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Blood Pressure

  • Preload –volume of blood that fills the heart and stretches the heart muscle fibers during its resting phase.

  • Afterload-force against which the heart pumps when ejecting blood. Resistance increases when valves of the heart and arterioles are narrowed or calcified. Afterload is decreased when arteries dilate.

  • Systolic and diastolic are expressed as a fraction in millimeters of mercury, (abbreviated mmHg).

  • Generally a B/P of 140/90 is considered the beginning of high B/P. Optimal B/P for adult 120/80 mmHg.


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Factors Affecting Blood Pressure

  • Age-tends to rise with age

  • Circadian rhythm-lowest @ 12 to 4 or 5 a.m.

  • Gender – women tend to have lower B/P

  • Exercise and activity

  • Emotions and pain- B/P rises

  • Arteriosclerosis-arteries loose elasticity

  • Athersclerosis-narrowed arteries due to deposits

  • Miscellaneous factors

  • Drugs-heart stimulants-nicotine,caffiene,cocaine


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Pressure Measurements

  • Systolic pressure-Pressure within the arterial system with the heart contracts. Is higher than the Diastolic pressure- Pressure within the arterial system when the heart relaxes and fills with blood

  • Pulse pressure-Difference between systolic and diastolic pressure measurements

  • A pulse pressure between 30-50 mmHg when diastolic is subtracted from systolic blood pressure is said to be in the normal range.


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Assessment of the Blood Pressure

  • Over the brachial artery at the inner aspect of the elbow is usually used. When there is a problem with taking it at this location, then the lower arm can be used, using the radial artery.

  • Popliteal artery- behind the knee. Always document site used.

  • Equipment for Measuring Blood Pressure: Sphygomomanometer- mercury or aneroid

  • Inflatable cuff that encircles at least 2/3 of the limb at mid point

  • Stethoscope


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Assessment of the Blood Pressure

  • Table 11-9 page 157 – B/P assessment errors

  • First time a B/P is measured it needs to be taken in each arm. Should not vary 5-10 mmHg. Doctors may request a lying, sitting and standing B/P.

  • Too wide cuff will give a false low reading

  • Too narrow cuff will give a false high reading

  • Stethoscope ear tips need to be positioned downward and forward in ears. Tips need to be cleaned between uses. Best length of tubing for sound conduction 20 inches.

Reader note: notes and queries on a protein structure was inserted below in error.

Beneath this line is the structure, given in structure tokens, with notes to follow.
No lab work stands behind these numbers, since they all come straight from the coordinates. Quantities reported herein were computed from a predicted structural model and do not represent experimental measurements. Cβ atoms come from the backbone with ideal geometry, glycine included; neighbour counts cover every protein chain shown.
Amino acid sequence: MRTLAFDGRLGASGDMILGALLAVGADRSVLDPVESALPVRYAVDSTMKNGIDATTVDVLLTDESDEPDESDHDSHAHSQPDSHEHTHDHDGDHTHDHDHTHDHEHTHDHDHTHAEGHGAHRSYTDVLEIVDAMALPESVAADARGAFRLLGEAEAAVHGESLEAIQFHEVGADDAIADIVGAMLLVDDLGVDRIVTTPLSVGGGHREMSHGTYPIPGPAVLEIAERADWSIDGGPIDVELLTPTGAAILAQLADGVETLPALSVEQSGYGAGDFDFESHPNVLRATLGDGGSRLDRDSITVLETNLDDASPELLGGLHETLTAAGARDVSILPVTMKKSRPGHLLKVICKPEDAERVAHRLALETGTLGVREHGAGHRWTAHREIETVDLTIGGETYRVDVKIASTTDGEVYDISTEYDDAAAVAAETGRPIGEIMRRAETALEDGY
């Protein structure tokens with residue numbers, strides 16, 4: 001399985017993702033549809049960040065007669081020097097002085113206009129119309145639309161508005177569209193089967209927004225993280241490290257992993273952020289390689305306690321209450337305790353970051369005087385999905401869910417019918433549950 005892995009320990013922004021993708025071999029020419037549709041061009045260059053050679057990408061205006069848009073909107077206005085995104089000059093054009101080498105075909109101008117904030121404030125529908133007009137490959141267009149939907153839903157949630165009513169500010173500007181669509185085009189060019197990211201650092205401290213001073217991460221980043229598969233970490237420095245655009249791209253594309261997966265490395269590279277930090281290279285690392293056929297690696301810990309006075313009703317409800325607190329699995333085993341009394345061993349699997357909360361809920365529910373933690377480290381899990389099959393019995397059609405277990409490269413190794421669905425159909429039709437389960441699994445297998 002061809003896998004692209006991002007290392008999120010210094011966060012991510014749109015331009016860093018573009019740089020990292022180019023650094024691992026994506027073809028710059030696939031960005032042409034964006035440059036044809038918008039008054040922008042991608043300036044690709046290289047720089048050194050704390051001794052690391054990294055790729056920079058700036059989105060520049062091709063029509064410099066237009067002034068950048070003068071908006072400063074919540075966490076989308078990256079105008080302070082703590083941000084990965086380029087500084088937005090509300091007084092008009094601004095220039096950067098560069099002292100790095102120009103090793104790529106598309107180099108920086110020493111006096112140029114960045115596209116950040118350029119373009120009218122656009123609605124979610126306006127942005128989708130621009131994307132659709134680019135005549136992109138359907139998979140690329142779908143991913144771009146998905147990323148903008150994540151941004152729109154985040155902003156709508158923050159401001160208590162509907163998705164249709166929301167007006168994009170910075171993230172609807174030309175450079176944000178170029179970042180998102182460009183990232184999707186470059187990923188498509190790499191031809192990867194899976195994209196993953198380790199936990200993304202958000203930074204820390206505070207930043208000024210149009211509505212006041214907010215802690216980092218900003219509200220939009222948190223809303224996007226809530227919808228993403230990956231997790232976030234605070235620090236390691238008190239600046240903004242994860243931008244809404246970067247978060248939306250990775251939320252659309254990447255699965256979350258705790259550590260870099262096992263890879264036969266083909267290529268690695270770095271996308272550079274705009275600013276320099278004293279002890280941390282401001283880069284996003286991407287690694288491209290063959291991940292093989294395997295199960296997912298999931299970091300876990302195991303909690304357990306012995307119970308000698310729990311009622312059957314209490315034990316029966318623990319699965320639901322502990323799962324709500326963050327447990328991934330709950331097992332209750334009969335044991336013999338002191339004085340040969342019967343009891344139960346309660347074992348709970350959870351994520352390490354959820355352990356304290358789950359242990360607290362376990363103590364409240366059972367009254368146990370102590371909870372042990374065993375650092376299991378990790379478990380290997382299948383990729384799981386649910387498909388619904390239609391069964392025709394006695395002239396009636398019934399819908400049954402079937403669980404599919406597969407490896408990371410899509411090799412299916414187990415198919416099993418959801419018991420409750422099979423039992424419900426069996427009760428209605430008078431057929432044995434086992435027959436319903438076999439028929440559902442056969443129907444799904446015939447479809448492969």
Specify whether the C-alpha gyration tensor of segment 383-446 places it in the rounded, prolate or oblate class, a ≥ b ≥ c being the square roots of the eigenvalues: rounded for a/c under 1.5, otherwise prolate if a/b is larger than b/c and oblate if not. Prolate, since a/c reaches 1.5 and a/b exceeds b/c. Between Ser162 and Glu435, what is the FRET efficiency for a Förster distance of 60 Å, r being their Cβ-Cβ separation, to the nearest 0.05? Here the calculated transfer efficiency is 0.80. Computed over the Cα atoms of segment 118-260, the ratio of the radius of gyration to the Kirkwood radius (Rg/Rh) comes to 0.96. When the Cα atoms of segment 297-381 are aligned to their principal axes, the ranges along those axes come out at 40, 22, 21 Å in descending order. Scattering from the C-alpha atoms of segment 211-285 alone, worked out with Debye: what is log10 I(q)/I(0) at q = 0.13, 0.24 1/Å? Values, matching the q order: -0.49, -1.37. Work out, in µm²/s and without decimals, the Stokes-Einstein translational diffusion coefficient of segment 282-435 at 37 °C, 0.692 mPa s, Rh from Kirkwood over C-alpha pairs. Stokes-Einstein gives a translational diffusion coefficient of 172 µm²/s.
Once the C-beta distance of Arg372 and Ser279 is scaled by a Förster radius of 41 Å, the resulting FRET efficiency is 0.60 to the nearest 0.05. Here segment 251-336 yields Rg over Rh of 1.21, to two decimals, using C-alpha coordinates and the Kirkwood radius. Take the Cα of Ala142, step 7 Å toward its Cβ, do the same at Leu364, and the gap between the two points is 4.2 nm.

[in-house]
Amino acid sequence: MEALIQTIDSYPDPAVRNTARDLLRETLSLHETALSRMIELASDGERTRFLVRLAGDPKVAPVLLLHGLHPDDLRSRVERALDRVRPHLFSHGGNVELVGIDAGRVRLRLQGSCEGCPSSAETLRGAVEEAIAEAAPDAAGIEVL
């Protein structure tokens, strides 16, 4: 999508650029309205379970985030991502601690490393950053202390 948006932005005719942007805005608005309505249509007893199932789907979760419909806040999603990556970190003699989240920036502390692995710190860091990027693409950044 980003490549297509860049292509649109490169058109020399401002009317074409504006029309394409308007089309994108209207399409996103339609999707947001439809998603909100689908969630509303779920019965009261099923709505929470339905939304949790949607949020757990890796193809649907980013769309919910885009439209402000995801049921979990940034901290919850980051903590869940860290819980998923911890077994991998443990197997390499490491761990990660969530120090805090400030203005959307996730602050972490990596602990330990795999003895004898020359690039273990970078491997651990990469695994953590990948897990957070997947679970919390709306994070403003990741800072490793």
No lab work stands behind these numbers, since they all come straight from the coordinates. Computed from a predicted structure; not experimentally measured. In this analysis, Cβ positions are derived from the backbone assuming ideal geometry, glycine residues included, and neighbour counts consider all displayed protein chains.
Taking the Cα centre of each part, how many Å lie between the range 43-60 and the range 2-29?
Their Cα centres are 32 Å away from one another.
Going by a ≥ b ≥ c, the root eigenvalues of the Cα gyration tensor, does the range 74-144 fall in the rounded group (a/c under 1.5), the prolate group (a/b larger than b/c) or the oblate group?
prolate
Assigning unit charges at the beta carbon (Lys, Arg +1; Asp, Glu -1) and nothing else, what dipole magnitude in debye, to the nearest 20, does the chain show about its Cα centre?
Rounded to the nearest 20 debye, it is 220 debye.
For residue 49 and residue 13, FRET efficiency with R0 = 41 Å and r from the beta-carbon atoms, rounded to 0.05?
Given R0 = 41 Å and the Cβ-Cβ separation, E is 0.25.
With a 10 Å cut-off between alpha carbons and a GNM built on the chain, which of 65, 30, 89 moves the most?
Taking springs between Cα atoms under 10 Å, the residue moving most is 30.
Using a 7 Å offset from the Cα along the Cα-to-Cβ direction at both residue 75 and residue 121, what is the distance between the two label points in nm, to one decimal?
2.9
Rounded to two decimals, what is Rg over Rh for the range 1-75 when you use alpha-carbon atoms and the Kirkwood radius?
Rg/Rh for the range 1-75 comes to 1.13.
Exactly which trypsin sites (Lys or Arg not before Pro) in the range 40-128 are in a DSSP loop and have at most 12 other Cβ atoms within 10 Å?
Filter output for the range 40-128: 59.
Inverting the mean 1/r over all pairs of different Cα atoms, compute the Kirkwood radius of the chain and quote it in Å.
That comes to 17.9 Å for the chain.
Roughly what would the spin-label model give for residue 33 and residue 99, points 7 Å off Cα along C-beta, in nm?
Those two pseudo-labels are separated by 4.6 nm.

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Measuring Blood Pressure

  • Korotkoff Sounds-Sounds that result from the vibrations of blood within the arterial wall or changes in blood flow, fig 11-21, page 158

  • Phase I-begins with the first faint but clear tapping sound that follows a period of silence as pressure is released from the cuff. This is the systolic pressure measurement. Note the placement of the gauge mark.

  • Auscultatory gap-Period during which sound dissappears

  • Phase II-is characterized by a change form tapping sounds to swishing sounds

  • Phase III-is characterized by change to loud and distinct sounds, described as crisp knocking sounds


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Measuring Blood Pressure

  • Phase IV-sounds are muffled and have a blowing quality

  • Phase V-Last sound is heard, this is the diastolic pressure reading.

  • Palpating the B/P- instead of using a stethoscope use fingers over the artery, when the first palpation is felt after the release of the cuff pressure, this is the systolic B/P. No diastolic is perceptible. Document systolic B/P palpated and the number.

  • Doppler stethoscope used, please document “D”.


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Abnormal Pressure Measurements

  • Hypertension-High blood pressure-140/90 or above for adults 18 or over for sustained amount of time is considered HTN. HTN often associated with anxiety, obesity, vascular diseases, stroke, heart failure, kidney disease.

  • Whitecoat Hypertension-Condition in which the blood pressure is elevated when taken by a health care worker, but normal other times.

  • A sudden rise or fall of 20-30 mmHg is significant- take B/P on both arms and report it to your charge nurse.


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Abnormal Pressure Measurements

  • Hypotension-Low blood pressure- may indicate shock, hemorrhage, drugs, orthostatic hypotension or postural hypotension, which is a sudden but temporary drop in B/P when rising from a reclining position. Commonly seen in patients with circulatory problems, dehydration, patients on diuretics. Patient will present with dizziness, going weak, and fainting. Postural or orthostatic hypotension-Sudden temporary drop in blood pressure when rising from a reclining position.

  • Report any abnormal vital signs!!!!

  • Skill 11-4 assessing the B/P page 176

  • Please look over general gerontologic considerations